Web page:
- Degree to which the candidate has the training and qualifications required to undertake the type of project in which they have indicated interest.
- Degree to which the candidate's application is clearly articulated, with appropriate levels of technical sophistication.
- Degree to which the candidate is highly motivated and takes initiative.
Program Policy Factors
- Applications may be selected to ensure diversity of the overall Fellows class (geographic diversity, demographic diversity, and a diversity of colleges and universities).
- Applications may be selected that best reflect and support local communities in their Host Institution's jurisdiction or service territory.
Applications for Fellows will open in April 2024.
- Eligible Host Institutions include electric public utility commissions in the United States and U.S. territories, electric cooperatives, municipal utilities, grid operators, state energy offices, Indian Tribes (as defined in 25 U.S.C. § 5304) and any Non-profit Regional Intertribal Organization (defined as any organization comprised of two or more Indian Tribes, established under congressional, state, or Tribal law to act on behalf of the participating Indian Tribes, including but not limited to, intertribal councils, regional tribal organizations or associations, Alaska regional development organizations, and tribal federations). Energy related offices and utilities chartered through an Indian Tribe will be considered eligible.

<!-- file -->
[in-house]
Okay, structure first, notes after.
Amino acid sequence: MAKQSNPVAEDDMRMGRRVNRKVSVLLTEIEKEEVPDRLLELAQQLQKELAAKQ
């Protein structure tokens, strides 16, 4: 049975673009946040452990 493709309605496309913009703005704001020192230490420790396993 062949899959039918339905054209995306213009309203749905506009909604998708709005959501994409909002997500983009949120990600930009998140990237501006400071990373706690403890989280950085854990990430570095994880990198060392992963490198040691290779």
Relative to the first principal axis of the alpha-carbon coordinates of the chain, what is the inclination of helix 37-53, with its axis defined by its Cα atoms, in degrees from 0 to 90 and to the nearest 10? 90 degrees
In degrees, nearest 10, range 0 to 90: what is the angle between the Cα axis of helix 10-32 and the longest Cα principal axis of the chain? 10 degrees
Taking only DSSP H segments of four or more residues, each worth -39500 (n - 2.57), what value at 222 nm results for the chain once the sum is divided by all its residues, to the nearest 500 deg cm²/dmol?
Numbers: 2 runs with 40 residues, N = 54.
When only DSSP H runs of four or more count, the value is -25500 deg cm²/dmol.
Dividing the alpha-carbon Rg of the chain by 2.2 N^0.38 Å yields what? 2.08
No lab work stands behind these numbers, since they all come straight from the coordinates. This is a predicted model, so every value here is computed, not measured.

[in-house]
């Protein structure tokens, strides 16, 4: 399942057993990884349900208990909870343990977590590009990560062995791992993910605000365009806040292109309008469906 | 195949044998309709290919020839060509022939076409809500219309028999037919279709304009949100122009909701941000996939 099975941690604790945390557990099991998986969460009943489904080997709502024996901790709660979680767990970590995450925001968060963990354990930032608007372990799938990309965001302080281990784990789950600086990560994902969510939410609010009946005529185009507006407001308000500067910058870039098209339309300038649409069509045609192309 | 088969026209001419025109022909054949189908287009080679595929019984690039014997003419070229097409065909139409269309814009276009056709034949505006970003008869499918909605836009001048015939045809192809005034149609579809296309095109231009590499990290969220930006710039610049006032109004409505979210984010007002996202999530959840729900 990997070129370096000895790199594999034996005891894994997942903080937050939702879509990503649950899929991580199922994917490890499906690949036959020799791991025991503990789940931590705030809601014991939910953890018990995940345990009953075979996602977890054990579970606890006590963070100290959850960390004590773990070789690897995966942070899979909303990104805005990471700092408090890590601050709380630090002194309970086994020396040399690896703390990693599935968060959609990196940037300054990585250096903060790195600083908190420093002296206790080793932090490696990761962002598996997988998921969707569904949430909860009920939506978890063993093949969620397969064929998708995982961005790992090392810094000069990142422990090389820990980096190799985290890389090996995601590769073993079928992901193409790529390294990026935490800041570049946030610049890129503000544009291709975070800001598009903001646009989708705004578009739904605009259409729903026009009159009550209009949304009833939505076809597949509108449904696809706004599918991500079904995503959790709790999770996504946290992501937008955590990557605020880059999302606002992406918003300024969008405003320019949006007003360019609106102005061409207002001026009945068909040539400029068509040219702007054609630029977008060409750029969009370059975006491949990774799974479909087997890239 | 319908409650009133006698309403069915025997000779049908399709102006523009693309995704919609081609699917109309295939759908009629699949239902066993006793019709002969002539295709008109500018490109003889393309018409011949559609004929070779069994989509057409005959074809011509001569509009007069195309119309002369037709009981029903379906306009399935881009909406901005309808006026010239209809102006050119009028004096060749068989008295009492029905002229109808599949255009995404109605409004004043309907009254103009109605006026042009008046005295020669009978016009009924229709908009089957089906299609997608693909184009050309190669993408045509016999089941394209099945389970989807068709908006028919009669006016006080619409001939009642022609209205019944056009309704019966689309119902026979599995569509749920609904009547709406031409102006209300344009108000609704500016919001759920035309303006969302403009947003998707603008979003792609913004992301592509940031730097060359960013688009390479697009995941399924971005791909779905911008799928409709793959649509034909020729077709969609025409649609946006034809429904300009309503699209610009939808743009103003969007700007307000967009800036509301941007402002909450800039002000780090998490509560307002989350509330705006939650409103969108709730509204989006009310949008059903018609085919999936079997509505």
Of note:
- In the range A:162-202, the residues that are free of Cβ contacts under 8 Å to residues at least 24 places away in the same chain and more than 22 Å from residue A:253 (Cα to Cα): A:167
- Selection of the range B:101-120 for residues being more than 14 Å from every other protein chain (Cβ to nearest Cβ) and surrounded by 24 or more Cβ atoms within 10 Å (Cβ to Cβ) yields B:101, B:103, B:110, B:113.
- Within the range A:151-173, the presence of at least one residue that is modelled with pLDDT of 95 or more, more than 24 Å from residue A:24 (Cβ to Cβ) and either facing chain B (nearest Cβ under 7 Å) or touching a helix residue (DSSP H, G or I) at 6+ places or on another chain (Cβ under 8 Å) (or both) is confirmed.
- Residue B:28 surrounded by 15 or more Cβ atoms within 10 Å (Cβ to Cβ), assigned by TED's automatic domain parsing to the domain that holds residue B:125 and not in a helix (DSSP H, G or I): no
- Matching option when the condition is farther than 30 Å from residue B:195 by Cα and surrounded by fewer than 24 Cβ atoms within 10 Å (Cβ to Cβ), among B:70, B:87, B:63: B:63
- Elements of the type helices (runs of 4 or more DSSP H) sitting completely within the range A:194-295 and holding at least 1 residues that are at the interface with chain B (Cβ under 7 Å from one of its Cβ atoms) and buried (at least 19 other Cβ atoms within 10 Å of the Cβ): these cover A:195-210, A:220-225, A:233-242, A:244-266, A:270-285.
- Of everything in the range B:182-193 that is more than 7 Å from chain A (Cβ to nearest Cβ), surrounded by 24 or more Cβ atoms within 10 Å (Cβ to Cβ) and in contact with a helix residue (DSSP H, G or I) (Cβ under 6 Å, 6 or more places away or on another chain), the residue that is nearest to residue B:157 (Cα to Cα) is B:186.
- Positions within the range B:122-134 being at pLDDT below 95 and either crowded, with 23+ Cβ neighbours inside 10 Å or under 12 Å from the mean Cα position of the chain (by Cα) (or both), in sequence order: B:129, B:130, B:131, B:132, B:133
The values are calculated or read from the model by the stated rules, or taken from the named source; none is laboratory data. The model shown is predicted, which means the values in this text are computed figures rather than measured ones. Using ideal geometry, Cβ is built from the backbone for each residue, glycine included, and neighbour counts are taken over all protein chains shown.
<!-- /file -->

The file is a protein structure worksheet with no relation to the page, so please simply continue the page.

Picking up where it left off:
- This fellowship program is seeking Host Institutions with projects that require innovative approaches to advance the clean energy transition, to host participants in the Clean Energy Innovator Fellowship program, for up to two years.
- The staff member of the Host Institution that would guide the Fellow's progress on the proposed project is considered the Mentor and is expected to play a mentoring role. The Mentor is also the point of contact for the Host Institution throughout the selection process, including interviews.
- If your institution is not listed, it is not eligible to apply. If you would like to be considered in the future, please contact email@example.com.
- Eligible Host Institutions may host more than one Fellow.
- Projects must be unique and distinct for each Fellow.
- Each project and Fellow must have a dedicated Mentor (i.e., a Host Institution cannot have one Mentor for two Fellows).
- Host Institutions interested in hosting more than one Fellow must submit a separate application for each project. Applications must identify the uniqueness of the project. No Mentor can be listed on more than one application.
- Energy burden is the percent of household income that is spent on household energy.
- The Energy Justice Mapping Tool is one tool that applicants can use to get data on energy burden; click on the relevant area(s) of the map, then click "Tract" on the left-hand side, then click "Full Report." The generated report will contain the energy burden for the area.
- Applicants are encouraged to share the range and average of the national percentile over their applicable area. Applicants are welcome to provide alternative data or evidence of energy burden and explain their rationale for using such sources.